5

I used LiFePO4 (read: Lithium Iron Phosphate) for my dad's FT-891. The big advantages of LiFePo4 are: Very power dense, almost as much as Li-Ion, IIRC twice as much Wh/kg than Lead-acid Extremely safe: they don't short circuit themselves to flames, like Li-Ion does Flat voltage discharge characteristics: their nominal voltage is 3.2V and they stay at 3.2V ...


5

Portable antennas are always a compromise. The best antenna in terms of radiation efficiency will be the one that compromises the least. That means basically two things: make it big get it high (or install many radials to reduce ground losses) The best antenna in terms of portability will be: easy to move (small) easy to set up (not high) My advice would ...


4

An antenna design that requires grounding to suppress the common-mode or improve efficiency is a poor antenna design, unless significant effort is made to make a low-loss ground. For example, a quarter-wave monopole above a ground plane of radials or saltwater works well. A quarter-wave monopole with just a ground rod is as much a dummy load as it is an ...


4

End-fed half-waves (EFHW) are popular with SOTA operators, and they understand portable. If you'll be operating where there are trees, you can tie a rock to some cord, throw it over a tree, and hoist up a 10 meter piece of wire. If no trees, you'll have to carry a 30 ft fishing pole, but they can be found and the collapse to fit into a trunk. With a ...


3

Sealed lead acid batteries are heavy. I would not recommend them. lithium phosphate or lipo are lighter, but can be hazardous. in case of physical damage to the battery they can burst into flames or even explode. Lithium Iron Phosphate batteries are also light weight and are much safer. Bioenno is a well known battery vendor that has a wide selection of ...


3

I wouldn't risk directly connecting a 9.6v battery to a radio that expects 5-6v. The simplest solution would probably be the diodes mentioned in the comment to your question, but as the battery voltage dropped the voltage reaching the radio would drop as well, and as the battery got low the output voltage after the diodes might be too low to power the radio,...


3

There are a lot of variables involved in calculating the voltage on an antenna. If you require an accurate answer, the solution is to model or empirically measure the particular antenna in question. But for a very rough estimate, a 1/4 wave "counterpoise wire" is effectively one leg of a half-wave dipole, so you can treat it as such to get some number. In ...


3

I use telescopic fiberglass pole (10 to 12 meters is sufficient) and home made dipole antennas, single band and multiband (some trapped dipoles some linked dipoles). It does the job pretty well and it can fit in my backpack. I mostly use "hybrid" multiband dipole which consists of 20/17 meter trapped dipole and optional attachments for 40 meters. 20/17 ...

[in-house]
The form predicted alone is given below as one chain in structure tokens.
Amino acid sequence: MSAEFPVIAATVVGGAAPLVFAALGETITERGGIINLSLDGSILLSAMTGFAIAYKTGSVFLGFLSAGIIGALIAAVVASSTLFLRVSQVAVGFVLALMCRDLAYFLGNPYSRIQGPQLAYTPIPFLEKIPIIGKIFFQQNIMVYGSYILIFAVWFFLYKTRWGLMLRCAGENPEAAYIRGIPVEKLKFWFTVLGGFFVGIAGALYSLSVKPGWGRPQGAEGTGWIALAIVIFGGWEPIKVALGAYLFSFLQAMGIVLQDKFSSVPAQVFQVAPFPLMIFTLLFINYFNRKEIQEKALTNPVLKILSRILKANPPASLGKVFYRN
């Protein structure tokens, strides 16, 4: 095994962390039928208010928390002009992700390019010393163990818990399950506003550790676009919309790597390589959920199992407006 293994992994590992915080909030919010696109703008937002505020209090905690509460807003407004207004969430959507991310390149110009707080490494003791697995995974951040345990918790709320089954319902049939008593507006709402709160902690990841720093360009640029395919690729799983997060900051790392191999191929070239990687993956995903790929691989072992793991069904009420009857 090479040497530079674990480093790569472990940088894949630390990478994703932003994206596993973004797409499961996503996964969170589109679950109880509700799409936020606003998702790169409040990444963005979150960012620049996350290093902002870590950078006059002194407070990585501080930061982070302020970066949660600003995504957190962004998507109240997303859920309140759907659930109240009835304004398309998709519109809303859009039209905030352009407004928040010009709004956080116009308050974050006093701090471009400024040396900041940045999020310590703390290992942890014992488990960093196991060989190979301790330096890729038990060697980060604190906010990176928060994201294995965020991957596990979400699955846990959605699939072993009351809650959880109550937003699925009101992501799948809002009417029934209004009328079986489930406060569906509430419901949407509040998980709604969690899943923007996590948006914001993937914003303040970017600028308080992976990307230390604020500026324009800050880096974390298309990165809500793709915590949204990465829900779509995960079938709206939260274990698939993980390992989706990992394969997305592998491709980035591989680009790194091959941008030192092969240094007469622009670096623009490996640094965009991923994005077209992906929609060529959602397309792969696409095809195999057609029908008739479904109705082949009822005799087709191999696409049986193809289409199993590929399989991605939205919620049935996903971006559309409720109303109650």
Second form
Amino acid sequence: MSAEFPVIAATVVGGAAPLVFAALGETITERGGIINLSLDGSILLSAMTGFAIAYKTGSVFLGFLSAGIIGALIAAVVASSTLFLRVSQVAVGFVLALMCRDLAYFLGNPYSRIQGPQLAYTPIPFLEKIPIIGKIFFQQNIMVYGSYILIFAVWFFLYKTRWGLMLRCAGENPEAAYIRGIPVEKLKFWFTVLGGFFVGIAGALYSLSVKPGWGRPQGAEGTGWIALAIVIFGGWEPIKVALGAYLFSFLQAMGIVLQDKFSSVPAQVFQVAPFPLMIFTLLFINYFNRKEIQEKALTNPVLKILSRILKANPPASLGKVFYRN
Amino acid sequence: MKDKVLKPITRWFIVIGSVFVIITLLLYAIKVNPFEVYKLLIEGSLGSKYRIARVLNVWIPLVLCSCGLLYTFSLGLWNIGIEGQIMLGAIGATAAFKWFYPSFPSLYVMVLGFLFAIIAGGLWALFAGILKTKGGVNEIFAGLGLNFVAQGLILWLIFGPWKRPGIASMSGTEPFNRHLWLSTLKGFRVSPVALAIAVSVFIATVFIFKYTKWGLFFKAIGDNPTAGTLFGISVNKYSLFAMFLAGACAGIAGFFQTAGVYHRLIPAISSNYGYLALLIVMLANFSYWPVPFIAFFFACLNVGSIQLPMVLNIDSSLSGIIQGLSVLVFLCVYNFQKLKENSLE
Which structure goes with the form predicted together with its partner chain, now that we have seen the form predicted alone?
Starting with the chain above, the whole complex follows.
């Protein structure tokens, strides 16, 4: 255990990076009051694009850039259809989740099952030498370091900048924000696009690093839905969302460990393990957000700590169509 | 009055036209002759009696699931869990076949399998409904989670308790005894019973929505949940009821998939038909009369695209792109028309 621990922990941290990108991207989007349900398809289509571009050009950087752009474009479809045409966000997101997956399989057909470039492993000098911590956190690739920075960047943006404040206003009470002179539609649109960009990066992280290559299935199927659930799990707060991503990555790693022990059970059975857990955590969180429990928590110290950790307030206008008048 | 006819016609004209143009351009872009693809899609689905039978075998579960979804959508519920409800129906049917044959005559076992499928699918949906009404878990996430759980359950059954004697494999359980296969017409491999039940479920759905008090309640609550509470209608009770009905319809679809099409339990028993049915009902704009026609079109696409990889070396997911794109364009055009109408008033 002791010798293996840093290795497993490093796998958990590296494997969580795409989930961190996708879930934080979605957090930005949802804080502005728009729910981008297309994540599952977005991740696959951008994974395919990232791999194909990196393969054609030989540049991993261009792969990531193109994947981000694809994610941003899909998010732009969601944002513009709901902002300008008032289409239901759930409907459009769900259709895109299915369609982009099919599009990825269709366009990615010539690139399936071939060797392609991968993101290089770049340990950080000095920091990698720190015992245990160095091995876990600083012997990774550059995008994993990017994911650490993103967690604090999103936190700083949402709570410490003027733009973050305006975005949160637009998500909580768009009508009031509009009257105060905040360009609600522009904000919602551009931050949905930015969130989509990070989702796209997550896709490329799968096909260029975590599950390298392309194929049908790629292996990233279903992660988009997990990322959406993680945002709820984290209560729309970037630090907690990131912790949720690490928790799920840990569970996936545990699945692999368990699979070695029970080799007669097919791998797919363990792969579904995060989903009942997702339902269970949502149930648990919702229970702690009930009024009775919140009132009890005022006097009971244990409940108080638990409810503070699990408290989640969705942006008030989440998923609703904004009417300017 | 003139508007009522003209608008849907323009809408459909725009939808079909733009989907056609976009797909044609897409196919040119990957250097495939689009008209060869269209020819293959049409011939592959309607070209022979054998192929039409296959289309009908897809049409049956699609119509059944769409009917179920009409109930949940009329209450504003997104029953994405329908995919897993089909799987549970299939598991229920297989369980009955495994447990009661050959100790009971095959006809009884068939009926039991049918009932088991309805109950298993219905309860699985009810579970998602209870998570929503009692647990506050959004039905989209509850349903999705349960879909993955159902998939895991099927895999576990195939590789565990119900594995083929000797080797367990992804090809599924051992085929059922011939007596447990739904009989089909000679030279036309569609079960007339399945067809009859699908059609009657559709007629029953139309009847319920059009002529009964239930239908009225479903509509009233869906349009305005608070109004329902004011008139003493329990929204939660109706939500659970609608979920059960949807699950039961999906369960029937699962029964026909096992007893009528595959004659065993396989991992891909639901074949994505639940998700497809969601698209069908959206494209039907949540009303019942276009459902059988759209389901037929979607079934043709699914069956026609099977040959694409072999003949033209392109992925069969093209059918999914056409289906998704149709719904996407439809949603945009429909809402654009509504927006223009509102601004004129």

2

A Raspberry Pi running Direwolf is definitely a reasonable option. For a receive-only iGate, a number of people have had success with a Pi and an RTL-SDR dongle, running rtl_fm and direwolf. Nice and easy, no fuss, but of course it won't digipeat. I recently built myself a setup using a Pi and the DRA-818V chip (specifically, SV1AFN's DRA-818V board), with ...


2

For temporary weatherproofing my coax connectors I use a piece of bicycle innertube and a few cable ties.


2

For temporary connections, there's small "clamp on" cable boxes, something like: Definitely not "condensation-proof", but "should reduce quite significantly". Other than that, there's people that swear by the powers of the flexible LIDL or Aldi plastic radome, i.e. a plastic bag fastened with rubber bands or whatever around the parts to be protected. I can ...


1

In your diagram you show 1/2 wavelength vertical and using a combination of ladder line and coax to do impedance matching. This means usual advice about 1/4 wave vertical does not apply here. Imagine this antenna as a half wave dipole that has been flipped from horizontal to vertical. Dipoles do not need an RF ground. You do not need a ground spike or an ...


1

If you want 20 A, then lead-acid batteries will be too heavy. You would want some kind of lithium-ion battery. Lithium ion phosphate batteries are popular for this sort of application, like the kind that Buddipole sells. A few caveats: all this stuff will be really heavy by backpacking standards: the radio alone weighs 2.45 kg (5.4 lbs). Of course there'...


1

You might find it more cost effective to buy a relatively inexpensive, lower power radio (even QRP class), and couple it with an amplifier to get your desired power level. There is a fairly broad selection of lower power "all-band" portable/mobile HF rigs available, some in "some assembly" form for under US$200. For only 100W output, you ought to be able ...


1

Your are rightly concerned about dew infiltrating the connector. This can cause corrosion over time and moisture can build up to the point that short circuits result. But, if you only leave the antenna outdoors for a day or two at a time and not in the rain, it's unlikely you need very much moisture protection. I treat the threads of all PL259/SO239 ...


1

The RX iGate with a RTL-SDR dongle is pretty easy to setup. The hard part of a TX digipeater is keying the radio,like hobbs mentioned. I bought a Argent data systems t3-micro in hopes of making a fill-in digipeater or using a spare mobile radio for TX while driving; depending on that I needed. I should get back to that project...


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